Oct. 15, 2008 will forever be marked on UC Davis’ campus as the dedication day for the new Centennial Walkway, the path that runs straight through the Quad.
The new concrete and granite-edged walkway was officially opened Wednesday during the “Day on the Quad” activities at noon with a ribbon cutting ceremony.
Robert Segar, assistant vice chancellor and Campus Planning and Centennial director made opening remarks about how much the university has changed in the last 100 years.
“It is my hope that in the next 100 years the students at UC Davis will have just a little touch of ceremony and a little sense of pride when they come up through the Quad all these years from here on,” Segar said.
Chancellor Larry Vanderhoef made short remarks before the ribbon cutting began.
“The Quad is very special for me, and there are times when I really need to go someplace to relax,” Vanderhoef said. “There are only two places that can do that job well for me. One of those places is Hawaii, and the other is the Quad. The Quad is a lot closer and more convenient and there are more friendly people.”
The 10 ribbon cutters, each representing a decade of the centennial, included Vanderhoef, senior landscape architect for the project and UCD alumni Skip Mezger, ASUCD President Ivan Carillo, ASUCD Vice President Molly Fluet and student band director Bobby Egan.
The California Aggie Marching Band-uh! performed before and after the ceremony.
The 450-foot walkway cost $350,000 and has a dedication on both ends that reads “Centennial Walk, dedicated October 15, 2008.” The original path goes back to 1915, though concrete wasn’t added until the 1930s. Today it serves as a direct path from the Memorial Union to Shields Library as well as a casual hang out place for students and others to relax.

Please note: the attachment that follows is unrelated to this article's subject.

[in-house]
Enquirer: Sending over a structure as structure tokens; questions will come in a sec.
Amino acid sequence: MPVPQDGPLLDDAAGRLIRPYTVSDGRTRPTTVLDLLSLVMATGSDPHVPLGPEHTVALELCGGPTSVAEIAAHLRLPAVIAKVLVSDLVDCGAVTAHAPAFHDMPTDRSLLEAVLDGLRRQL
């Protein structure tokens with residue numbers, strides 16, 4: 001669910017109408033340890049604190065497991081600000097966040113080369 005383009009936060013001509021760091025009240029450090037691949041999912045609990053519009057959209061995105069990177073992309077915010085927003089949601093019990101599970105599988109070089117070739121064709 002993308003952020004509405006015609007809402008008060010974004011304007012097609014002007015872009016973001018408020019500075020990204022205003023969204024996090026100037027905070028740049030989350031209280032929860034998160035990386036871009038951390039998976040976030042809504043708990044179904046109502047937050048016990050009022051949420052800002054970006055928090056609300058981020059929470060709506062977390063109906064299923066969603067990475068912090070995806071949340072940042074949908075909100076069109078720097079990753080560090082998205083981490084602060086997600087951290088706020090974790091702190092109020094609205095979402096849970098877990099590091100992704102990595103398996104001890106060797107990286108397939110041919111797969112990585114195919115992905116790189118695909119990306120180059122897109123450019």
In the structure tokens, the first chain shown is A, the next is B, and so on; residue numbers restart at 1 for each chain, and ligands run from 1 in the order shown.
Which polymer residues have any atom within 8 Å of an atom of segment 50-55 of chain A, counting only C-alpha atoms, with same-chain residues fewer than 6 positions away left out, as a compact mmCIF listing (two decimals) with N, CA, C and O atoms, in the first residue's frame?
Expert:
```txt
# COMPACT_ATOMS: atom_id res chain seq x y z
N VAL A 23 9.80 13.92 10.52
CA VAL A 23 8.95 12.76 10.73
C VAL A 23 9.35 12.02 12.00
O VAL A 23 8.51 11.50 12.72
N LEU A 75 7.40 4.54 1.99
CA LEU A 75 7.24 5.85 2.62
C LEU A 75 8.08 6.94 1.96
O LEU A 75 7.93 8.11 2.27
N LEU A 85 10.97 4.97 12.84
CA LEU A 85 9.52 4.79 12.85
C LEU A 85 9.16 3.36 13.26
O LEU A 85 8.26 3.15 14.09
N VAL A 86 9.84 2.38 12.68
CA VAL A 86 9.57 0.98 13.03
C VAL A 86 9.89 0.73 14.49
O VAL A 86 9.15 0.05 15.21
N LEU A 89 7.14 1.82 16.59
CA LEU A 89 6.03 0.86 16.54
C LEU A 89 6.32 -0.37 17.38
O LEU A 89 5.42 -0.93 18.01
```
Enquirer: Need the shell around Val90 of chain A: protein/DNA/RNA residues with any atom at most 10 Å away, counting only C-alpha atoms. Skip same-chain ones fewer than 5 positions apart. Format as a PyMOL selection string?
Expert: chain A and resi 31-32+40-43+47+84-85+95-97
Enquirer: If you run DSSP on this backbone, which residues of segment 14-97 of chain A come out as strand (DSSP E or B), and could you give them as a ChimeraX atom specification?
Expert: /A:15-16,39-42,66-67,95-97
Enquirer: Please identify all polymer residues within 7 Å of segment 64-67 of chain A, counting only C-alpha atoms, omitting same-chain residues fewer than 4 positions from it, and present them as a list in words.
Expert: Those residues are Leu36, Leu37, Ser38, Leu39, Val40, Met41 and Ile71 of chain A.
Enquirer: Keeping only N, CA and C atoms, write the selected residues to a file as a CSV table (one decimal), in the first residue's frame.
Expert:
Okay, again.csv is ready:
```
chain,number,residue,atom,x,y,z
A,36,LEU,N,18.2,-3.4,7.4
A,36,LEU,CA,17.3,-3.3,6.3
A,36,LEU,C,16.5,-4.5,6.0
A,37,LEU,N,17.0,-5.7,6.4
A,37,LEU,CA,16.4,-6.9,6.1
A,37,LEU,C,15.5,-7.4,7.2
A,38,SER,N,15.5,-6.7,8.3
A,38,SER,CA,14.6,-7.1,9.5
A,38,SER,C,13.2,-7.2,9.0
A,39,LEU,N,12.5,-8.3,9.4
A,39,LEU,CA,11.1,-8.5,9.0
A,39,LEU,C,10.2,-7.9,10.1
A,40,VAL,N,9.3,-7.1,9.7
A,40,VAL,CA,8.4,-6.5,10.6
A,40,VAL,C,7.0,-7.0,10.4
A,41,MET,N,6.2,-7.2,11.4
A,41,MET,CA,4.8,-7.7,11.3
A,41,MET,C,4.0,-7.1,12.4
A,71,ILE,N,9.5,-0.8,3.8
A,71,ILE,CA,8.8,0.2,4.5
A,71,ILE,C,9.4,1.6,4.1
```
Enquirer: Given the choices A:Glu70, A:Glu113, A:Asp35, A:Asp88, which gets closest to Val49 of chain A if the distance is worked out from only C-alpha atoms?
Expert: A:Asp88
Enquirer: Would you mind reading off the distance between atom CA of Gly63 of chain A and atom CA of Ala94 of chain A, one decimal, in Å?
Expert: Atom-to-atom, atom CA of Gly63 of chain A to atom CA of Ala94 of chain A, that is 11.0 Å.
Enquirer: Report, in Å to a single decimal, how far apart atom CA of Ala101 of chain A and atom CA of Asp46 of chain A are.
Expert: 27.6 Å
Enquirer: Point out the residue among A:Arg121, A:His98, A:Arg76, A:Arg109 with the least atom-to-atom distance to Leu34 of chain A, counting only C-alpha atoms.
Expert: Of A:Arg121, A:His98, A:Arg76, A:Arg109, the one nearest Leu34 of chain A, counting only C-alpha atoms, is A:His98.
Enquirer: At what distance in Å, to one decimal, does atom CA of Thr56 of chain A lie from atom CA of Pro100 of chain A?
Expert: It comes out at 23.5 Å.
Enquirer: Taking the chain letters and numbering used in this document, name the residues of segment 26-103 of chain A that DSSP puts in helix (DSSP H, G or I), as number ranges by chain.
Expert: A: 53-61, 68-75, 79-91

Megan Baer, a junior international relations and English double major, said she is happy with the new path.
“It doesn’t look super different, but it does look cool,” she said. “I can pass people now when I walk through because it looks wider.”
Also during Day on the Quad was the Activities Faire, which included performances, free giveaways and information from campus organizations. Vivian Lee, a second year graduate student in forensic science was there to participate with the Students for Creative Anachronism (SCA) society that was performing medieval demonstrations.
“We’re different from the typical Renaissance fairs,” Lee said. “It’s all about participating, learning how to fight, cook, do medieval arts and crafts and even archery.”
SCA is a worldwide organization that meets at Central Park every Thursday evening to practice medieval fighting – with bamboo swords and real armor. They also participate in yearly tournaments and make their own costumes. For more information go to sca.org.
ANGELA RUGGIERO can be reached at email@example.com